Navy's undersized Harper overflowing with speed

Mids guard is lightest starting offensive lineman in Division I-A football

September 09, 2005|By Kent Baker | Kent Baker,SUN STAFF

In many ways, Antron Harper personifies what the 2005 Navy football team is all about.

He is young, a sophomore who had never played a down for the varsity until last Saturday's heartbreaking 23-20 defeat to Maryland at M&T Bank Stadium.

He is far undersized, a 249-pound offensive guard who ranks as the lightest starting offensive lineman in NCAA Division I-A football.

And he is feisty, tenacious, intelligent and quick, all qualities that characterize the battling band that threw a major scare into the Terrapins, who finally prevailed with 1:01 to play in the game.

Harper impressed the coaches immensely during fall practice with his strong body and one asset that is vital to the triple-option offense: With a rapid burst, he can get to defenders in a hurry.

"I don't care how big you are, if you're the best person for the position, you're going to play," said Navy assistant head coach Ken Niumatalolo, who mentors an offensive line with four first-time starters. "With what we do, you've got to be able to move. And Antron has real quick feet and can do that."

Harper is from Eastman, Ga., south of Macon and is another example of a lightly recruited player who wanted to show his ability at the highest collegiate level.

"I was being recruiting basically by I-AA schools when I got a call from Coach [Brian] Bohannon [a Navy assistant]," said Harper. "He had heard about me, so I sent them a tape and everything went from there. I liked what the academy offered. I'm pretty stoked about the whole thing because I want to prove some I-A schools wrong."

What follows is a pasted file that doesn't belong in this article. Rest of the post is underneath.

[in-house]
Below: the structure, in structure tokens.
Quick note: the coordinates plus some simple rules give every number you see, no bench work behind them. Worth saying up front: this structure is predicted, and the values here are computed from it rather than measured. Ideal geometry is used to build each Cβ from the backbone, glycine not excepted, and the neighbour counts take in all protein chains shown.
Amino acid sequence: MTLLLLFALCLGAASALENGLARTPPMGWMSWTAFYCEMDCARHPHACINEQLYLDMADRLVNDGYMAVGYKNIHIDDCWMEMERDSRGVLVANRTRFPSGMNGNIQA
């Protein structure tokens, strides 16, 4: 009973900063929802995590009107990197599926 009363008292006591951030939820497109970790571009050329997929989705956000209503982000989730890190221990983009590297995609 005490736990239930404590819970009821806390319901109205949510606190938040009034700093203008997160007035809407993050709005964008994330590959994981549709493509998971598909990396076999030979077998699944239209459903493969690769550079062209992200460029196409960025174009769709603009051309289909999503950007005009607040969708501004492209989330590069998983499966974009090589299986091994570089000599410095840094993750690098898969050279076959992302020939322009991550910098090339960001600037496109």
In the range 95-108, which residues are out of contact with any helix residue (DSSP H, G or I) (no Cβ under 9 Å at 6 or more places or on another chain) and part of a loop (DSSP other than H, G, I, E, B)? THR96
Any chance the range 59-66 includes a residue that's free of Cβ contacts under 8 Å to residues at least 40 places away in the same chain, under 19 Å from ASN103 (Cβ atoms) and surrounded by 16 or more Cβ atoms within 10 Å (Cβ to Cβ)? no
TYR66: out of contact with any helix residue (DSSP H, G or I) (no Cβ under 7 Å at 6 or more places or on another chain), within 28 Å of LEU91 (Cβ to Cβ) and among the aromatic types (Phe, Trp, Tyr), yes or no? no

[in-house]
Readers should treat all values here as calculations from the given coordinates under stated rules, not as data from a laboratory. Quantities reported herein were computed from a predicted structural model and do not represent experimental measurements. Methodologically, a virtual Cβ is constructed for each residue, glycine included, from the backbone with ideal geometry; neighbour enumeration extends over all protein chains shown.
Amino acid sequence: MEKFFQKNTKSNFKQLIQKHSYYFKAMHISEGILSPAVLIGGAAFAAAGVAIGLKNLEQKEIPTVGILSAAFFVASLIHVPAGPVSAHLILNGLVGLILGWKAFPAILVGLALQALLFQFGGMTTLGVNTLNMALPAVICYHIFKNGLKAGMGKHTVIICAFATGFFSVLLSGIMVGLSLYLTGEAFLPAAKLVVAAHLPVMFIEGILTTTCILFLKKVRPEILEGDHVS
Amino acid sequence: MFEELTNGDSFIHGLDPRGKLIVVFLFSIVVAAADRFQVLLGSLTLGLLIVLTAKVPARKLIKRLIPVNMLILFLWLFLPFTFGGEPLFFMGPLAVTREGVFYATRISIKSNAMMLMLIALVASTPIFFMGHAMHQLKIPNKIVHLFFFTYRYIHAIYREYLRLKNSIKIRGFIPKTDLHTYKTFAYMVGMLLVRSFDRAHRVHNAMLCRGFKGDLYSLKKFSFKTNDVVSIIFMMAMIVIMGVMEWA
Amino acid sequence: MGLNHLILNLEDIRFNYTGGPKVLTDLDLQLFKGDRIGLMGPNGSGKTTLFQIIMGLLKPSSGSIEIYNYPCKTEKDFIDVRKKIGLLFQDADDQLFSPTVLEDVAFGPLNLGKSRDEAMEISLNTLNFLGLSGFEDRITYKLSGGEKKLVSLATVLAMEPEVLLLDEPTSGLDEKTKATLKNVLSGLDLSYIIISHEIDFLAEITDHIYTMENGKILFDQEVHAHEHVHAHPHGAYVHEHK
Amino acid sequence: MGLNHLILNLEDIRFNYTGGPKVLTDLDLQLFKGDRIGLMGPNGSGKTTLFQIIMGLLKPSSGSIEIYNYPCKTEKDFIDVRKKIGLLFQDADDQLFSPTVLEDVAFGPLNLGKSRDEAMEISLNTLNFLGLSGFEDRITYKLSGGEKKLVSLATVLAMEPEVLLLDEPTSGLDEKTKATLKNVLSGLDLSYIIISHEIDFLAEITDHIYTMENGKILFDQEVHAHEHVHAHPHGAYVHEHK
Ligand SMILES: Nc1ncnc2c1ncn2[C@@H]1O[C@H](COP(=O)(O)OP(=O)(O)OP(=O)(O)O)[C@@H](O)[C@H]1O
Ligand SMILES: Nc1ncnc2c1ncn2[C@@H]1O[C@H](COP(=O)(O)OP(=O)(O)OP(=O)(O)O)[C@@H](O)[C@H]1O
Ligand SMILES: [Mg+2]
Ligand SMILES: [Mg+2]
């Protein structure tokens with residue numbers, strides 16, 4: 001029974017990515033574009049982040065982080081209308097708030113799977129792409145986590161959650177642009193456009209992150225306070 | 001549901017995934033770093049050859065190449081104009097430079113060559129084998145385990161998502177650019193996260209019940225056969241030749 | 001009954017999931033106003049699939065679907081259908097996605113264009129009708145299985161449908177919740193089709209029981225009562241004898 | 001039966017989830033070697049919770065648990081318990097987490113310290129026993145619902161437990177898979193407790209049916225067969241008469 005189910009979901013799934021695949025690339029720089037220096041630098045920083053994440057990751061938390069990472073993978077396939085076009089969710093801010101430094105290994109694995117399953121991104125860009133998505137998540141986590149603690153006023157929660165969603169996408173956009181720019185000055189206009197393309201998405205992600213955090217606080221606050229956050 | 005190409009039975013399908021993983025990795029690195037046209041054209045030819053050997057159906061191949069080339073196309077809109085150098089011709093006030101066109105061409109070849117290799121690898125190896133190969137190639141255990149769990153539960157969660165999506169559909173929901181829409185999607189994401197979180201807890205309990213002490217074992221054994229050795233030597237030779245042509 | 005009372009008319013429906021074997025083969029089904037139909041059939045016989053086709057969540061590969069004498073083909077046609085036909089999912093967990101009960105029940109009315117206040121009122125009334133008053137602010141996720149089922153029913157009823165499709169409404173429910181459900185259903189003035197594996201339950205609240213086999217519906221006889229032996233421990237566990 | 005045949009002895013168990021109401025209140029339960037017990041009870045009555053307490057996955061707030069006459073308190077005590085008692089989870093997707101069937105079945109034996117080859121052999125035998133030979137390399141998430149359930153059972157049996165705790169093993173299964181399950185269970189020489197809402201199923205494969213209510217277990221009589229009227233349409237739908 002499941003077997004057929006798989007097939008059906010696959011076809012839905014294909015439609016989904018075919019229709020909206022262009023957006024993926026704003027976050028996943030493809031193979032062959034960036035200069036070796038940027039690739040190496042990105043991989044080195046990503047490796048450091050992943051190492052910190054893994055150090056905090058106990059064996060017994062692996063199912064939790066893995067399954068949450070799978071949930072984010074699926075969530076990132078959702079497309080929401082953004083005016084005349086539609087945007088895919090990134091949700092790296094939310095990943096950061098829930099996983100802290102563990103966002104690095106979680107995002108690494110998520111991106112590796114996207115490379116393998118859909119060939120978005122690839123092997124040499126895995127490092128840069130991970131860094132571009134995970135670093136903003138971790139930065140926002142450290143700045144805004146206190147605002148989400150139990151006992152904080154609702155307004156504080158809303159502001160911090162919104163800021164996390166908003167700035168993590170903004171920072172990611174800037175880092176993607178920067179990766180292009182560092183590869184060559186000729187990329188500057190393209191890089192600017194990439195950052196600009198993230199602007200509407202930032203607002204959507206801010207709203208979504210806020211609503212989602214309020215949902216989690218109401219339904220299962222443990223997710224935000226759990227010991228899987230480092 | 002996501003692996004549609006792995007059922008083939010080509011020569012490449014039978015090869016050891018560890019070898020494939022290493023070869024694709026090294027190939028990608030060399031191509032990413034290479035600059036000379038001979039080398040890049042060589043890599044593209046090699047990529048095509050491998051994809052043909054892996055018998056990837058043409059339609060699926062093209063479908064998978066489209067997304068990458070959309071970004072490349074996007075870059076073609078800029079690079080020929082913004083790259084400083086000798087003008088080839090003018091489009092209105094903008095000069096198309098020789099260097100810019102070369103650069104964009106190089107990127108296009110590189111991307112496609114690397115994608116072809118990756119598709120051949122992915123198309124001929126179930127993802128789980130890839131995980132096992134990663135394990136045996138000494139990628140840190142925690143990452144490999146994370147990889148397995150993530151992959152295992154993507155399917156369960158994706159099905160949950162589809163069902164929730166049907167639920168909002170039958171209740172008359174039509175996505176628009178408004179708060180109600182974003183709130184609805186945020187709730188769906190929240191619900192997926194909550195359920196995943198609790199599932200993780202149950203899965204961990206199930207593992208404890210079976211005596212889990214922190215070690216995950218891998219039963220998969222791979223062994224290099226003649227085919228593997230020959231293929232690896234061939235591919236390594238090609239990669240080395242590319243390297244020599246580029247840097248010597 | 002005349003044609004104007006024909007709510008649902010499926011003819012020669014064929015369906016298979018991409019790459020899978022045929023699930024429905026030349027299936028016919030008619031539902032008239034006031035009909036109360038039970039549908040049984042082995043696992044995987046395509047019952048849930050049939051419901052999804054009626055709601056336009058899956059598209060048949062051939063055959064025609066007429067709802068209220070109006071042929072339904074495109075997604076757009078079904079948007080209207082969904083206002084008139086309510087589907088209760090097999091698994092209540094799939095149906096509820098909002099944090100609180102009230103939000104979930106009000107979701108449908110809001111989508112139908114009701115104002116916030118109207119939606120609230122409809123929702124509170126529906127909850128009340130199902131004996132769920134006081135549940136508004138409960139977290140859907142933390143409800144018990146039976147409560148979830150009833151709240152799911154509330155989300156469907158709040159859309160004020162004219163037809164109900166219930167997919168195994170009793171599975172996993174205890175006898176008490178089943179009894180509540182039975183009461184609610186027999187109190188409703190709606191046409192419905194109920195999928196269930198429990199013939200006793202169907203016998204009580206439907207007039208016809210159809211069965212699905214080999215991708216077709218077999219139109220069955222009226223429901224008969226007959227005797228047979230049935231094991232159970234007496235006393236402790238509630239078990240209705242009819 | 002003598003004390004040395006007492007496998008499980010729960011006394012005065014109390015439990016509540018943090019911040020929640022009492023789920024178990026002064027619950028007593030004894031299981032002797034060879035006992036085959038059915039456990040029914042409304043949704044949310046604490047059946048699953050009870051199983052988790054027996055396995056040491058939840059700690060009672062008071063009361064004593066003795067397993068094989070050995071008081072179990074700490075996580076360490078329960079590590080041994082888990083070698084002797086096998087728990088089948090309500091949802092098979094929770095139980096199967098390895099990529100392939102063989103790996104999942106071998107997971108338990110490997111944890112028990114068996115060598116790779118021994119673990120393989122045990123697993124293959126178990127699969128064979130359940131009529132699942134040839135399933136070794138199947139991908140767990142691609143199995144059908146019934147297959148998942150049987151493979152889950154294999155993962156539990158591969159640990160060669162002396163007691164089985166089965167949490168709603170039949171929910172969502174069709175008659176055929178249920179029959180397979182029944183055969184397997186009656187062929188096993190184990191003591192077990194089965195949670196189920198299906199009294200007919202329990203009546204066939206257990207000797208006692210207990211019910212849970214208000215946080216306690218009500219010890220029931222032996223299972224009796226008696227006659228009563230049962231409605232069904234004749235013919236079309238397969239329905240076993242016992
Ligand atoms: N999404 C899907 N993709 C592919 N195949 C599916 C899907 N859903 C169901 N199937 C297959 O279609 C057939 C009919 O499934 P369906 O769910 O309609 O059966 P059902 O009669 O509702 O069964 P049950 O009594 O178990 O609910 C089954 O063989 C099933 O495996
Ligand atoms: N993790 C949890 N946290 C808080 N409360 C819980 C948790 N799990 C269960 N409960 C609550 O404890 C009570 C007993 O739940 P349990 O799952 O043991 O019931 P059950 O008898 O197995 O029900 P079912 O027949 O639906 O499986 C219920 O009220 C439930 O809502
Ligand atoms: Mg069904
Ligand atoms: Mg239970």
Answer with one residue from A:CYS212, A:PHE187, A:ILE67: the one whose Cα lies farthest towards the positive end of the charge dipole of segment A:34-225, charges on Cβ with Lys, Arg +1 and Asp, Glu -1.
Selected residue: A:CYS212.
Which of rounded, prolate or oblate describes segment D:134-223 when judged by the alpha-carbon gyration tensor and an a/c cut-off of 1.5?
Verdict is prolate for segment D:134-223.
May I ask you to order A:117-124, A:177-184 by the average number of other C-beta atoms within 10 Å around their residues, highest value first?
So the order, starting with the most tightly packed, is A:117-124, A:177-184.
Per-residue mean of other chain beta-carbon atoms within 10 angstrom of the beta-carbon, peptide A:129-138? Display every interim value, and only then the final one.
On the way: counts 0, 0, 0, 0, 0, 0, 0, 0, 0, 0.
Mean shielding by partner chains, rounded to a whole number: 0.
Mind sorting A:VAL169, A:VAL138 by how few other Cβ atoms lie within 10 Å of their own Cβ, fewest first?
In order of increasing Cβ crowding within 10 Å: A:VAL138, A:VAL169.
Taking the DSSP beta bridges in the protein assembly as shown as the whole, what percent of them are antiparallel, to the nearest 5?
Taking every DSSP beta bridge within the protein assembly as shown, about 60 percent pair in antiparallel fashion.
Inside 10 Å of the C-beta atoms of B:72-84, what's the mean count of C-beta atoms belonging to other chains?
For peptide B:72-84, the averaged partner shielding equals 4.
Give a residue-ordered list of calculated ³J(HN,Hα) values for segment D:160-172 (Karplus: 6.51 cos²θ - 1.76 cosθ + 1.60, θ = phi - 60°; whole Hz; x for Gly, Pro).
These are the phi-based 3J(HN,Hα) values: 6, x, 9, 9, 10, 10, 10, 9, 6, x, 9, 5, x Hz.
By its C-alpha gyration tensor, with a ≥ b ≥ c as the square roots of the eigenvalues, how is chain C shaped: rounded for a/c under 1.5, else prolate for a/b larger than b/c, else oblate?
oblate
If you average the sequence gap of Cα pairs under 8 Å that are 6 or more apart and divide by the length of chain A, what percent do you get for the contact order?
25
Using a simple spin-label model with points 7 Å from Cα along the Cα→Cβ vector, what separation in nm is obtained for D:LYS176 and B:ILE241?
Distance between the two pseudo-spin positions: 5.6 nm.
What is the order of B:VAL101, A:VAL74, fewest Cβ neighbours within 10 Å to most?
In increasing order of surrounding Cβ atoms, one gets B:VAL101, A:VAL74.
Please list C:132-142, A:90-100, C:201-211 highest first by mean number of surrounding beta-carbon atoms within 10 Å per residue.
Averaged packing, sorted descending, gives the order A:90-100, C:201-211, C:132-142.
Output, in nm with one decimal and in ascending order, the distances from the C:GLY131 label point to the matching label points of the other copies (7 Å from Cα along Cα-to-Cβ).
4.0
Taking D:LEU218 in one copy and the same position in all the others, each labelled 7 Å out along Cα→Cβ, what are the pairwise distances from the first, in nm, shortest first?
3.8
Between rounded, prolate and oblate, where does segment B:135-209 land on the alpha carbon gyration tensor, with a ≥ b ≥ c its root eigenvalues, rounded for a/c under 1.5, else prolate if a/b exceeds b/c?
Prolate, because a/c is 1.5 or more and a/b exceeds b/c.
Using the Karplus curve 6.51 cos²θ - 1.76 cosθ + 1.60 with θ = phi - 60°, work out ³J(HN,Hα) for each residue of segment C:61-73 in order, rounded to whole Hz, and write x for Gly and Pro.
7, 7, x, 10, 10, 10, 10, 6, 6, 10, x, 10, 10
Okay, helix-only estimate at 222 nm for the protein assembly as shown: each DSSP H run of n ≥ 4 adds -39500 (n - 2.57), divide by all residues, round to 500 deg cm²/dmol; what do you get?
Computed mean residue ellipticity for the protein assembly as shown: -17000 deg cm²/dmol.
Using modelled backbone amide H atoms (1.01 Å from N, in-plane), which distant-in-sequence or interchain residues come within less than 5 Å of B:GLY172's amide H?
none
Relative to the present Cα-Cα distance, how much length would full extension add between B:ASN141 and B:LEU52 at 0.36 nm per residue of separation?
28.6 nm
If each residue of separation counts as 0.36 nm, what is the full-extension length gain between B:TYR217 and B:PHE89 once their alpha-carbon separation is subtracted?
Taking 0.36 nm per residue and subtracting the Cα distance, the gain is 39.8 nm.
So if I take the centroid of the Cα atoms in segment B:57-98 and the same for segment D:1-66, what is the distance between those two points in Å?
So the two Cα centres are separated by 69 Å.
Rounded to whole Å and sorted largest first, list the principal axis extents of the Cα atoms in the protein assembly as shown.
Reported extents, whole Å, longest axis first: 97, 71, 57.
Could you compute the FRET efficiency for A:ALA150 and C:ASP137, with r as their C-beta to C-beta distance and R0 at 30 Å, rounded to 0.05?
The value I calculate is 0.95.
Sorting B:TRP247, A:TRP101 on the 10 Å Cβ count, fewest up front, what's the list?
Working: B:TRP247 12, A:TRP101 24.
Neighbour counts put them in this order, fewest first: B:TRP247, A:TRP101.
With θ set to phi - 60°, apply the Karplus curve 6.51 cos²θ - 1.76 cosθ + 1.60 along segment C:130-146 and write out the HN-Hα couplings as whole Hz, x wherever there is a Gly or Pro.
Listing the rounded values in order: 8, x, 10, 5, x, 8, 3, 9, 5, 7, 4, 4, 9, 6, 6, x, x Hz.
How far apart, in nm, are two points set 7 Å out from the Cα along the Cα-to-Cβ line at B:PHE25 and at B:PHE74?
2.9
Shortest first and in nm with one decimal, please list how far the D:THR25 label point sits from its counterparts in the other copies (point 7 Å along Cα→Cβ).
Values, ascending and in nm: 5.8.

Harper bench presses more than 400 pounds and figures to add more weight to a muscular frame with very little fatty tissue. He plays with a fiery intensity.

"He is pretty powerful and athletic," Niumatalolo said. "We pull him a lot [to lead running plays]. That's what you have to do in our offense, pull and move. He fits what we're looking for."

Said Harper: "I pull around 25 percent of the time. I'm in the lead on a lot of plays."

Both Niumatalolo and Harper said the player had some opening-game jitters, but, overall, performed OK.

"I'd grade myself about 50 percent," said Harper. "Those 300-pounders on the other side may have thought they were going to push me straight back, but that didn't happen. As the game went on, I got a lot more relaxed."

Harper is not sure how he acquired his unusual first name, but he believes it came from a cartoon character named Antwan. "It came out spelled different. There aren't too many Antrons around," he noted, "and I like it. I'll go with it."

A quantitative economics major, he had two poems appear in a poetry publication for youths.

"They were both about me," he said. "I just wrote on my own experience in English class my junior and senior years."

What else could be expected from a student who was born on Valentine's Day in 1985?

Harper is taking nothing for granted, particularly since he will be conceding 50 pounds to nearly all of the opponents across the line.

"Hard work and dedication, that's what you have to do," he said. "You have to look like you're always fighting for your job. I'm sure somebody in the nation had to be the smallest lineman. Why not me?"

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